Tag Archives: dunes

Dune Sunrise

Day 8 Dec. 20 Saturday
Up very early at 430 and on the road to Dune 45 before breakfast to catch the sunrise from the top of the dune. Mike, feeling rough with the effects of his cold, didn’t climb with us, opting instead to take pics from below. We climbed …. and we climbed ….. rested …… and then we climbed some more. Finally, when we couldn’t go any farther, we just plopped ourselves down in the sand and enjoyed each other’s company until, in awe, we witnessed the rising of the sun in silent splendor. As the sun continued to rise, the light became good enough for a selfie or two which turned into a selfie flood. Here are just a few of the pics I took from both top and bottom of the dune.

IMG_2718Sunrise 1   IMG_2734

Victorious Rachel selfie

Panorama from the top of Dune 45, looking down, framed by  Claire on the right, Rachel on the left, and our crew below.

Panorama R and C

Panorama shot from the bottom of Dune 45, looking up.

Sunrise Panorama

Ran down the face of the dune, creating little mini-sand-slides as we went, supervised by an oryx below who wasn’t too concerned (probably came to see the show from his perspective – crazy humans!).

.Rachel sliding Claire running down

Our different styles of descending the dune.

The guys were waiting for us with a big breakfast of french toast, coffee and the ever present rusks.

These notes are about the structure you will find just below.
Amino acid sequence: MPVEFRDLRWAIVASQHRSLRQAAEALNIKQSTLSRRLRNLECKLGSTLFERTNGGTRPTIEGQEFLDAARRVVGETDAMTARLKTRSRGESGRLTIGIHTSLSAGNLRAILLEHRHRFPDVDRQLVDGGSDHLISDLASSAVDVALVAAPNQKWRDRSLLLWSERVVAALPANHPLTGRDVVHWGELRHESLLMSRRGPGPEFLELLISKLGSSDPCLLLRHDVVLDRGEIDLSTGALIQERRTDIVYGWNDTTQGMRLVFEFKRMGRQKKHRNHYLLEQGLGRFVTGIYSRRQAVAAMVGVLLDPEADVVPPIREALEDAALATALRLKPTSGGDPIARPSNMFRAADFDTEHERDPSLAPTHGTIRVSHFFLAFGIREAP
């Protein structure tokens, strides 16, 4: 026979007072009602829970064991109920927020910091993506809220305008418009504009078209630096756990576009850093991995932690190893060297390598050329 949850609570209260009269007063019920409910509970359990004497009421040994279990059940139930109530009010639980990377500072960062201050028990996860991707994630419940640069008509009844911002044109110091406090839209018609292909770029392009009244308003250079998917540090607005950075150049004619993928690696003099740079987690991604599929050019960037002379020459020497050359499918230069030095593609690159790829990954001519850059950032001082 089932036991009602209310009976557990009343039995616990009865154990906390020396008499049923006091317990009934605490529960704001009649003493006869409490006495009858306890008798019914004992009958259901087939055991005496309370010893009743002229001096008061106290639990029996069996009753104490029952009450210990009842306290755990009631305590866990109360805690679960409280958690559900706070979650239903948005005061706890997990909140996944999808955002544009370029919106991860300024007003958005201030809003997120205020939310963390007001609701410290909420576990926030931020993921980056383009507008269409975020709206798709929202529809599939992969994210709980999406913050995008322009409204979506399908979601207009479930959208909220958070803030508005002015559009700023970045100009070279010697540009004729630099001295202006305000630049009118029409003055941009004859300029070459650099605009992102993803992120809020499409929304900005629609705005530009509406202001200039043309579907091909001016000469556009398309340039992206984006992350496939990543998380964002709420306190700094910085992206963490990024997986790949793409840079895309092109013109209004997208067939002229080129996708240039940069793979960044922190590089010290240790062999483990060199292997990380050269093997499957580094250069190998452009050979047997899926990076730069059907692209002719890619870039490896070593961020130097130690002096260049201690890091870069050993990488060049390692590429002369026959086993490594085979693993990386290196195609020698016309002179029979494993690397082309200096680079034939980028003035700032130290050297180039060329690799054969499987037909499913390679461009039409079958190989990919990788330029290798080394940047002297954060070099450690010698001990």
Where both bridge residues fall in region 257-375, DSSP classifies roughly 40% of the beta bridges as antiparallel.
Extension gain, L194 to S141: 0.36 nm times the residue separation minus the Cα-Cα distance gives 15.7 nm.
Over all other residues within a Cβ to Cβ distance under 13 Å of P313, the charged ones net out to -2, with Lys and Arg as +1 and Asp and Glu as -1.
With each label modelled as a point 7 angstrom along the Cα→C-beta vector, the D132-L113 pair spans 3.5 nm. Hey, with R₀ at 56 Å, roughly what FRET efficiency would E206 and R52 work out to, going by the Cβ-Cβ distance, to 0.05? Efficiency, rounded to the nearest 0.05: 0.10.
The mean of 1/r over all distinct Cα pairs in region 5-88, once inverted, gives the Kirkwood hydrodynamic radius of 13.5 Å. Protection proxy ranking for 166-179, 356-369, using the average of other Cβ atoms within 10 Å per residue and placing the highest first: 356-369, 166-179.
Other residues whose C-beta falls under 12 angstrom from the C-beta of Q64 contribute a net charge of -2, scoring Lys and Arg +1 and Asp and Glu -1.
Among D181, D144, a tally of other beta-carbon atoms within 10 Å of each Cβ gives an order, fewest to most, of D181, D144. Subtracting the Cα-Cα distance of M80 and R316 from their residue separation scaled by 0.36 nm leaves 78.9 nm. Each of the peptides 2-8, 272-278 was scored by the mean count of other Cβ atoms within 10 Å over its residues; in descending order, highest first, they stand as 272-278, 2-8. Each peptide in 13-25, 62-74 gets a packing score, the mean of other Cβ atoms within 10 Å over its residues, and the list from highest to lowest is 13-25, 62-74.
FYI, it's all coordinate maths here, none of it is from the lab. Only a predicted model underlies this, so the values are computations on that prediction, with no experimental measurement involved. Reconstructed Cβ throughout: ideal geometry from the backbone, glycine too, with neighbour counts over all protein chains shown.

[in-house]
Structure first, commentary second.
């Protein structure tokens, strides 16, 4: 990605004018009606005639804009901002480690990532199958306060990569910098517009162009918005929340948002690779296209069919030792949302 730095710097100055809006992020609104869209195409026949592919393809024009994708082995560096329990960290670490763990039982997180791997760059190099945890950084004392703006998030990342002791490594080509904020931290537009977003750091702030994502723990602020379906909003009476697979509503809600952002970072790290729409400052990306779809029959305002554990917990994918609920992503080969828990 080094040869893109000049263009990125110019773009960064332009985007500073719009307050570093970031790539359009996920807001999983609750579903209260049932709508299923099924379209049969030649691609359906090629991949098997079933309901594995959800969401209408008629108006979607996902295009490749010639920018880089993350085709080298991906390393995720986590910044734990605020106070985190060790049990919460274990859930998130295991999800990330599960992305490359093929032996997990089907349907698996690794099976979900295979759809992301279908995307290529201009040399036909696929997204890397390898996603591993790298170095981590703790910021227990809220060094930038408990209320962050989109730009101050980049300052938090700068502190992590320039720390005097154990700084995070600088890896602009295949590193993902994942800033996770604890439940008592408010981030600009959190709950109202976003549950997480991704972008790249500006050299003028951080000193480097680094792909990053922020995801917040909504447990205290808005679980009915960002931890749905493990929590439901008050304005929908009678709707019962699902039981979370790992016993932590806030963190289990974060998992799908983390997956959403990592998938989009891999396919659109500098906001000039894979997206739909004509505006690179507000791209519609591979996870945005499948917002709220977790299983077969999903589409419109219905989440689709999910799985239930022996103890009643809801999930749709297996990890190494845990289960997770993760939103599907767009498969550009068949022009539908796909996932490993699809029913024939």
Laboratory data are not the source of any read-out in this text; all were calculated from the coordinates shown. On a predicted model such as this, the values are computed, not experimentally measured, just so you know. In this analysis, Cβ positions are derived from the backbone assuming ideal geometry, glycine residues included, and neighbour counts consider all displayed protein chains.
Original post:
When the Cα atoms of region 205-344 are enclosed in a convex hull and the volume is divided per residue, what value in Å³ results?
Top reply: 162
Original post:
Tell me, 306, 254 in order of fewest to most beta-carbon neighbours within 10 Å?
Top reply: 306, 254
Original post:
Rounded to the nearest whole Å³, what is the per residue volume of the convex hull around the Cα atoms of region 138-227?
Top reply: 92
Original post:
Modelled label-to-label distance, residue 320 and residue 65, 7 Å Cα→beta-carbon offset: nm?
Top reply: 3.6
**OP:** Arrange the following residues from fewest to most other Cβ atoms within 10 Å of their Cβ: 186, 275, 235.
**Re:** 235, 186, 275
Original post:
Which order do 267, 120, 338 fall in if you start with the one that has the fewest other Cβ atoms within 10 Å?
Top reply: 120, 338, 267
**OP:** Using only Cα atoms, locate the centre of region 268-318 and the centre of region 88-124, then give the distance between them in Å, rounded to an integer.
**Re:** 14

Waiting for us

Parting shots of Dune 45 and the ridge we climbed, as we left for the next challenge, Big Daddy Dune.

Dune 45

Big Daddy Dune was indeed, BIG!! After breakfast we drove a few kilometres further and parked the bus. We set off walking cross country but parallel to a sand road much the same as what we drove on in the Wahiba Desert in Oman. Rides in safari vehicles to the dune were on offer but we opted to walk the 5 kilometres to the dunes. Here is some of the spectacular scenery we saw.

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Mike and I had had enough of climbing the shifting red sand of the dunes and chose instead to skirt the edge of the dune and watch the others trudge their way to the top.

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We took the lower altitude route around the base of the dunes to Deadvlei, a huge white salt pan with twisted, blackened, dead, acacia trees. It made for some spectacular shots with the red dunes as a background and the blue sky above. Saw some great abstract art in the sand/salt pan.

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Everyone else in our group went up the dune and I took pics of them perched way above us. (You can just see them there, in the last pic on the right, perched as a small cluster, on the very top, in the “V” of the tree branch.)

DSCN3952We met these two women who were also visiting.DSCN3927

We left to walk back to camp while the others came down, took pics and caught the shuttle back. It was a long walk back, and very hot but still, I enjoyed it. We walked over 10 km.

One last view of the most beautiful dunes in the world and then lunch where we were parked. Then, back to camp.

We were all tired but our tents were in the full sun so we sat in the bar for a while sipping a beer and chatted, waiting for the shade to reach our tents so we could snooze. We didn’t feel the wind rising. When we finally settled into our tents for a snooze, the wind gathered strength and before long, we were covered in a layer of fine sand. We closed up the tent and returned to the bar.

IMG_2781In the late afternoon, we walked into another canyon, Sesriem Canyon. Beautiful but too tired to appreciate it fully.

Back to camp for a dinner of  stir-fry beef and veggies with macaroni.

 

To bed and sleep.